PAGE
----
Ugandan private security guards for American installations in Iraq are also designated as askari.[citation needed] Guards were to receive $1,000 monthly salary and an $80,000 bonus if shot, but many have complained that the money was not paid or unfair fees assessed. The guards work for recruiting agencies such as Askar Security Services, which are hired by Beowulf International, a receiving company in Iraq, which subcontracts their services to EOD Technologies, an American company hired by the U.S. Department of Defense to provide security guards for Camp Victory in Baghdad. A Beowulf representative said that 400 of the workers “had impressed the US Army with their skill and experience”, but complained that some of the workers lacked police or security experience and “didn’t even know how to hold a gun”. At least eleven other Ugandan recruiters include Dresak International and Connect Financial Services.[8]

Other uses

· In apartheid South Africa, Askari was the term given to guerrillas who were captured by the South African army and “turned” or converted into spies or soldiers for the apartheid regime.

· Askari can also mean “spear bearer”.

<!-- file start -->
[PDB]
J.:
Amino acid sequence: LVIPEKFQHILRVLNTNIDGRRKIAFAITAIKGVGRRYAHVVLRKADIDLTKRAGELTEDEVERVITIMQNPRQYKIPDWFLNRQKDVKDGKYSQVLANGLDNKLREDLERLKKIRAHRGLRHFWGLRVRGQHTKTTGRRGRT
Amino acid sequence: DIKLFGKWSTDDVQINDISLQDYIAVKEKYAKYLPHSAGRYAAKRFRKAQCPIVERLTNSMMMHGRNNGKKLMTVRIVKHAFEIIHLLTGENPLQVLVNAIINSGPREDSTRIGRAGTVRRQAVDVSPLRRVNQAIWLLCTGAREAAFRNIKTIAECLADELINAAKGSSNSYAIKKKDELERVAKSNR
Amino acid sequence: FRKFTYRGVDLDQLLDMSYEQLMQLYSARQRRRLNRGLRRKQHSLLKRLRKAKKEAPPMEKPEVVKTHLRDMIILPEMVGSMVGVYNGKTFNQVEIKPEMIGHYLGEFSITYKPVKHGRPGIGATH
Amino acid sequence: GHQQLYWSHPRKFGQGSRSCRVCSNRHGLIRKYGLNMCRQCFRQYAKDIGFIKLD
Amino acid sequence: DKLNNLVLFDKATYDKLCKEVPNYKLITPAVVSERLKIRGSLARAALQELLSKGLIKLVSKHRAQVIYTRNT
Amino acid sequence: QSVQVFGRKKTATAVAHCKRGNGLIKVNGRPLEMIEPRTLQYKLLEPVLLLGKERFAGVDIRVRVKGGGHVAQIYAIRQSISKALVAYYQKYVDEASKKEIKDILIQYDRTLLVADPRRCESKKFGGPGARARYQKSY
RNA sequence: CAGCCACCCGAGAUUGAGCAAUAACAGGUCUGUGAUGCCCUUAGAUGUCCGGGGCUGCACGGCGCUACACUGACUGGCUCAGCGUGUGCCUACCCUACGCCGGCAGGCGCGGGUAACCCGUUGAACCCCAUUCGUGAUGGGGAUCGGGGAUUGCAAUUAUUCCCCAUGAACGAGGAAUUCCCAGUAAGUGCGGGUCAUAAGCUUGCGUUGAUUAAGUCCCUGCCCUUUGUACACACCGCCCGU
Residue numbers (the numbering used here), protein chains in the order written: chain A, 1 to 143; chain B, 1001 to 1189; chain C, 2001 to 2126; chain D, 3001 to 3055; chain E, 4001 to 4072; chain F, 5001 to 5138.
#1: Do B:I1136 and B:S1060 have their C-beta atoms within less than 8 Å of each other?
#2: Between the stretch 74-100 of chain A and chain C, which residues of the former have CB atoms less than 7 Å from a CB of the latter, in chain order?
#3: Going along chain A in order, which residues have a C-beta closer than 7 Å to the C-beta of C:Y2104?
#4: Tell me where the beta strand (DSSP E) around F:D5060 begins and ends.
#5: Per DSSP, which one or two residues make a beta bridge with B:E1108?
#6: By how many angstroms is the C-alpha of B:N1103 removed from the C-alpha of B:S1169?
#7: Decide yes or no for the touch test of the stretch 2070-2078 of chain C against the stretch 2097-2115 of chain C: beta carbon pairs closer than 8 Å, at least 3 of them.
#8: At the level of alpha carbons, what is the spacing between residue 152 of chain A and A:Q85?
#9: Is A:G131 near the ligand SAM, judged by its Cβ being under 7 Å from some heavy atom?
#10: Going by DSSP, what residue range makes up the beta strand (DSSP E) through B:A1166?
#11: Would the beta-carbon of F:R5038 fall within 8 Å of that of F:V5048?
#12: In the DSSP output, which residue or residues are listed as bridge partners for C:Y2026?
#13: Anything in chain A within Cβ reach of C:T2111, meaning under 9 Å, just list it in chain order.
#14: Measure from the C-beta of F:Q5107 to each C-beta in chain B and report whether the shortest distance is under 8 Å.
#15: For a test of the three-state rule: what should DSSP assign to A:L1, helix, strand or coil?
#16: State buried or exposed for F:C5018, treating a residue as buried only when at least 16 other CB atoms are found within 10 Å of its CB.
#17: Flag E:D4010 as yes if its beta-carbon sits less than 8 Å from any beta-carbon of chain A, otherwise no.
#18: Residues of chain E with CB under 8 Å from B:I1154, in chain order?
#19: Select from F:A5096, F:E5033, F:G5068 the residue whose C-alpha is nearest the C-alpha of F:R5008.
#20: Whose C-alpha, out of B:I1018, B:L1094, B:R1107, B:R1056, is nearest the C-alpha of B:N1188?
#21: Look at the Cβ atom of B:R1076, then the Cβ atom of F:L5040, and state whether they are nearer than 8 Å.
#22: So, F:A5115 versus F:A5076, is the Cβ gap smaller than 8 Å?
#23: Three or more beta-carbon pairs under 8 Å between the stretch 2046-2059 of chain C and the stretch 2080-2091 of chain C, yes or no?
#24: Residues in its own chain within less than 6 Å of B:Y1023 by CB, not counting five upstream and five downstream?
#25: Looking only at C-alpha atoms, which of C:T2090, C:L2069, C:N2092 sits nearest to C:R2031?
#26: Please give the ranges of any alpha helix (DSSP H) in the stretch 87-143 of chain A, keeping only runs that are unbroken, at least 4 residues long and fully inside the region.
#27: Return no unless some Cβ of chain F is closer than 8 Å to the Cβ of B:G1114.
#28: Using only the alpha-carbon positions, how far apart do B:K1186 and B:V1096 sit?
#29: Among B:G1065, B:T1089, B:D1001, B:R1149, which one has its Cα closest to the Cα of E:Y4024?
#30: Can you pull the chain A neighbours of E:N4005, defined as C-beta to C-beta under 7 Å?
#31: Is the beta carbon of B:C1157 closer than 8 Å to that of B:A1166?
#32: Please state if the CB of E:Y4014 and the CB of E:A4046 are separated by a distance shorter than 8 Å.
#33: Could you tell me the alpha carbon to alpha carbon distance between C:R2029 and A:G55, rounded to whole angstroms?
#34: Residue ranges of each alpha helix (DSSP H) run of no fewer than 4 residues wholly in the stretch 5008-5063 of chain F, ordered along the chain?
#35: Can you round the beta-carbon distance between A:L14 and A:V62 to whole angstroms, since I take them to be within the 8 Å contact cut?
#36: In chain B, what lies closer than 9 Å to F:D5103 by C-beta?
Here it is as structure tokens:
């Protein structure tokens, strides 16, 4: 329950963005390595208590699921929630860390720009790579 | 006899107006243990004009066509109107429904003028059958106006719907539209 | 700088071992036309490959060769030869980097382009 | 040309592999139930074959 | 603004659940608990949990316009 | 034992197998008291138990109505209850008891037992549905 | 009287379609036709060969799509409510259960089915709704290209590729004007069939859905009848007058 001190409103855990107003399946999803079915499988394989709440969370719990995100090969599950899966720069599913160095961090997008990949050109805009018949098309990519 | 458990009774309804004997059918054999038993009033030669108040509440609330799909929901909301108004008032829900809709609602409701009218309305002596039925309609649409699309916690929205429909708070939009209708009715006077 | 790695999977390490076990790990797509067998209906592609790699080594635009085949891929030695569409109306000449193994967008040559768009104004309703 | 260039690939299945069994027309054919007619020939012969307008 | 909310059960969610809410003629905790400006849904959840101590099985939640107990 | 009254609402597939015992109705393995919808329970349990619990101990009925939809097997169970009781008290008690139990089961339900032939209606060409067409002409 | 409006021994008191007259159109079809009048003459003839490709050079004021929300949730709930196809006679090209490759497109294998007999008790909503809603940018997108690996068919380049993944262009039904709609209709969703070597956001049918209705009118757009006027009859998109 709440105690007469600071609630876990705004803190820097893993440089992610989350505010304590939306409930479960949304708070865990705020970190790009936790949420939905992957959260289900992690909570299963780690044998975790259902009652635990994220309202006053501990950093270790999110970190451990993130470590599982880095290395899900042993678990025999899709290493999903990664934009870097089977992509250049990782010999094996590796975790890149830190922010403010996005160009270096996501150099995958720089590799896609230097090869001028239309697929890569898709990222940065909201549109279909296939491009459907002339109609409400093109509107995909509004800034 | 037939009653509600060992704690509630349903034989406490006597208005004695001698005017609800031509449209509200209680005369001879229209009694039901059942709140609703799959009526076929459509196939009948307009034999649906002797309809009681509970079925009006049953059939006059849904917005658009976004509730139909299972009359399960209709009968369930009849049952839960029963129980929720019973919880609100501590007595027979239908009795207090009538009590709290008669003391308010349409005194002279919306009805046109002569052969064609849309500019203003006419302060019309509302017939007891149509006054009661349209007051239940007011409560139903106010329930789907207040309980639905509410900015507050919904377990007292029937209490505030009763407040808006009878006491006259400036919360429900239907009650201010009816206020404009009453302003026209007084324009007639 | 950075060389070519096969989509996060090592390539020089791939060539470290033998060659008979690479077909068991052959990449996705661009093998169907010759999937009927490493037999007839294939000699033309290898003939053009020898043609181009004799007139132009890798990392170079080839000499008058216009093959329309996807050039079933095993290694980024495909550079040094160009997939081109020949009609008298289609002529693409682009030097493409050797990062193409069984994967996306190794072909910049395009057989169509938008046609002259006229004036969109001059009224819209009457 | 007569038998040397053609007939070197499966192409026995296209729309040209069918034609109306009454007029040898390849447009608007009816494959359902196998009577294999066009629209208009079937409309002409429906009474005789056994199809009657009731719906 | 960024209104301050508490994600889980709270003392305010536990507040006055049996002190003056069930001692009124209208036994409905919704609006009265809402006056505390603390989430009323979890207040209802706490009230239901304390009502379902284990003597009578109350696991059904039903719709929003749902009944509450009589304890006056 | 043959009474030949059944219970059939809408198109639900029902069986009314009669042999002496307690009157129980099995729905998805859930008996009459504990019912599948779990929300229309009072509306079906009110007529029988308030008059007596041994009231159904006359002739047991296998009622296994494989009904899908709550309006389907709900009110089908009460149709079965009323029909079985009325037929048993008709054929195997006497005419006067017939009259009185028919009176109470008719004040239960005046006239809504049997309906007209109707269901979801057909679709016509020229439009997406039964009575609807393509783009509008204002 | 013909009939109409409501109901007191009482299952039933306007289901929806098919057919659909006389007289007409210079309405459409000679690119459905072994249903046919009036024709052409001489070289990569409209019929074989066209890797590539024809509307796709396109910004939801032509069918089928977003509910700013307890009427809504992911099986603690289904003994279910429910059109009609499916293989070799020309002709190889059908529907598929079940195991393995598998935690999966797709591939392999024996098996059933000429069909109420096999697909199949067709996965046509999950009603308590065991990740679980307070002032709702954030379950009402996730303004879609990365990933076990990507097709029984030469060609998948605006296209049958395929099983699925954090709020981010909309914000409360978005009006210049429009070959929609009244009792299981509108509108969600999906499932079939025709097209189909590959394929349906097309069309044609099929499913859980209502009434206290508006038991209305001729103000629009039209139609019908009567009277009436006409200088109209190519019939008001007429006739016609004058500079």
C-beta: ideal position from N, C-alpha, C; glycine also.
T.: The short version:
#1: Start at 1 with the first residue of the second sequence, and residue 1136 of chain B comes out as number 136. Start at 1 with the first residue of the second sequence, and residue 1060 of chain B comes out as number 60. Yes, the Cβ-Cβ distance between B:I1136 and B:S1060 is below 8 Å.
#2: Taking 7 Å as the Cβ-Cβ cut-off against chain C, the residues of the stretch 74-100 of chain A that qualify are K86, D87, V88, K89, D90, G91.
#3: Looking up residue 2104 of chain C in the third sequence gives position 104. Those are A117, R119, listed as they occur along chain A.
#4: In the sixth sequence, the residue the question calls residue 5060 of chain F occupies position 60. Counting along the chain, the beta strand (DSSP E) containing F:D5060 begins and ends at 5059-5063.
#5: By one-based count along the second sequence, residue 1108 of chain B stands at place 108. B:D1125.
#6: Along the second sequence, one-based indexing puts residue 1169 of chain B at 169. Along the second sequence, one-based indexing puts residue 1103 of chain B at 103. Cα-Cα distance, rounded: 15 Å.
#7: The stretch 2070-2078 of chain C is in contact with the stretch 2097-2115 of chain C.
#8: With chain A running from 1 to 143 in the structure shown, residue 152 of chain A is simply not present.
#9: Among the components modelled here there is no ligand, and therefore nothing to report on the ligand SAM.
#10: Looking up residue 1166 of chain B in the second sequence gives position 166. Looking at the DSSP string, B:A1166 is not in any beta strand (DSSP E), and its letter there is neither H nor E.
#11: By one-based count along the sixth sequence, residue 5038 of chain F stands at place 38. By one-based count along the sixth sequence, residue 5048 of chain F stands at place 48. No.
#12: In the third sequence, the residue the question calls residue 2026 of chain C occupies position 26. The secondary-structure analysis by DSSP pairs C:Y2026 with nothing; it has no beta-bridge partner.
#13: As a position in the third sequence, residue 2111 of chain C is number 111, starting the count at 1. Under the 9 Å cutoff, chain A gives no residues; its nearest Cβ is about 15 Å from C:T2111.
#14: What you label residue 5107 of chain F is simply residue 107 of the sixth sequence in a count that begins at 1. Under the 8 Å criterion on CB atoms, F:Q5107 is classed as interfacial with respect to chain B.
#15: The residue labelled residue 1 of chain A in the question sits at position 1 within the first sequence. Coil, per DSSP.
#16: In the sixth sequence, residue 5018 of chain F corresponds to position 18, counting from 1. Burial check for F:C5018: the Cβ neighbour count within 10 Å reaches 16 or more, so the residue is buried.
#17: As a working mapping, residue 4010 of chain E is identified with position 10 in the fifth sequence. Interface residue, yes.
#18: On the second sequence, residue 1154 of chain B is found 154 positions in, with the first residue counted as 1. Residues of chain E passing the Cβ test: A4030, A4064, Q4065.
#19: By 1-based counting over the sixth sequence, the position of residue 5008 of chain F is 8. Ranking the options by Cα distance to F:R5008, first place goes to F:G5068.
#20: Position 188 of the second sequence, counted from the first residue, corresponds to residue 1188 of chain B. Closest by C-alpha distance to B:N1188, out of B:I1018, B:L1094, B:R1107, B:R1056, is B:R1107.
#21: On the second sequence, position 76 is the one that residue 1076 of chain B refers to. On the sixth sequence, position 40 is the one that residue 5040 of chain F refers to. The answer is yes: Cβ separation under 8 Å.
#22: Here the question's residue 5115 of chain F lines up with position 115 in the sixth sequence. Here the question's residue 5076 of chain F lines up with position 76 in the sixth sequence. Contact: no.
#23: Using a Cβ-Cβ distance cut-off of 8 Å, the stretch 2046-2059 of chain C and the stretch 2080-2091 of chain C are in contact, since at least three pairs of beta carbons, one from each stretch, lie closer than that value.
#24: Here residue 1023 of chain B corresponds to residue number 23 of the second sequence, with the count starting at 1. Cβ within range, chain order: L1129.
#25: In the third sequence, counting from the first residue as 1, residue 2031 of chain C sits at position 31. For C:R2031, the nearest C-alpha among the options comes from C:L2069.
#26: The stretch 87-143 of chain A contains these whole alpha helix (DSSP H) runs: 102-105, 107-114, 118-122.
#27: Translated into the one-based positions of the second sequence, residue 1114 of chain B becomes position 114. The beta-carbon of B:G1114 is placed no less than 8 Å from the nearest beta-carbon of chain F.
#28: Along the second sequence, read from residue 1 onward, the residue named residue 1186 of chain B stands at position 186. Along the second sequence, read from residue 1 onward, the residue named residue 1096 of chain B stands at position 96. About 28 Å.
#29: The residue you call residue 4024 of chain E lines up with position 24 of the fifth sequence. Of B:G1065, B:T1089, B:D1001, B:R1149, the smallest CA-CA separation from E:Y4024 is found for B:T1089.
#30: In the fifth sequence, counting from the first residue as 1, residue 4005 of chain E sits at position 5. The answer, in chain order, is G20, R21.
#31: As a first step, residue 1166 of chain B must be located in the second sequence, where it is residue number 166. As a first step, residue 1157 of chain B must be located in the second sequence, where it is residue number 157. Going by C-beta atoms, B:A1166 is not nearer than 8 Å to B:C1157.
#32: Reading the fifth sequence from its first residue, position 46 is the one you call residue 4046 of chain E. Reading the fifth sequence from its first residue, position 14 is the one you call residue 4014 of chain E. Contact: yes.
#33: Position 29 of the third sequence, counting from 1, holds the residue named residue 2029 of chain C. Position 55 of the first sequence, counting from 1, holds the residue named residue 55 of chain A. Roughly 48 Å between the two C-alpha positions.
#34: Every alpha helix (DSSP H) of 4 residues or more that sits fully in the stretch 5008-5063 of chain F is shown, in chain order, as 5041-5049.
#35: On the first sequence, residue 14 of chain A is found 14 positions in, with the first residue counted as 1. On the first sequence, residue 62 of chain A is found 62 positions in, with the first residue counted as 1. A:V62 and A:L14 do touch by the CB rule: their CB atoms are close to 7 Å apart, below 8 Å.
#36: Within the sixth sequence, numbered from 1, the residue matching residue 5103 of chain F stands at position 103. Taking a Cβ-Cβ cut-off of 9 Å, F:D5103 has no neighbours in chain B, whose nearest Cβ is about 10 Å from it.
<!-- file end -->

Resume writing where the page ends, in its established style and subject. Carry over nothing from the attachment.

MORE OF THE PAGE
· Older bull elephants which break away from the herd often form the nucleus of “bachelor herds” with one or a number of younger males. These younger males are referred to as “askari” (both for singular elephants and groups of elephants).

· Askari are a minor class of creature in the African/tropical-themed Mirage and Visions (and later Time Spiral) expansion sets of the collectable card game Magic: The Gathering[9].

· Askari, could refer to DST Global Solutions‘ market risk management tool.

References

1. [1] | Kamusi Project

2. Armies of the 19thC East Africa Chris Peer, Foundry books 2003

3. Miller, Charles. Battle for the Bundu: The First World War in German East Africa. London: Macdonald & Jane’s, 1974; and New York: MacMillan Publishing Co., Inc. 1974, p. 333. ISBN 0-02-584930-1

4. http://books.google.com/books?id=ilnACY97x4kC&pg=PA191&dq=Warsaw+Ghetto+askari&lr=&as_brr=3&sig=S4WnsXbZ4s2teGp3O-y7CmAuhfw

5. http://books.google.com/books?id=9ziQ9US5VnQC&pg=PA126&dq=askaris+german+lithuanian&lr=&as_brr=3&sig=OjZtutehGfwLh_Ank4BwJVbbz00

6. http://books.google.com/books?id=uf1rdNyUwRQC&pg=PA153&dq=askaris+german+lithuanian&lr=&as_brr=3&sig=TGE5flj2JcRr_cY02Df_37IxGeI

7. Stroop Report online-in German and English

8. “Uganda: Askaris in Iraq Ripped Off”. New Vision. 2007-08-12. http://allafrica.com/stories/200708171168.html.

9. “Gatherer search”. Wizards Of The Coast. http://ww2.wizards.com/gatherer/index.aspx?term=askari&Field_Name=on&Field_Rules=on&Field_Type=on&setfilter=All%20sets. Retrieved 2007-07-05.

Globalization and Ethnic Mobilization for the Military:

“Askaris” in Africa in WW I and Warsaw in WW II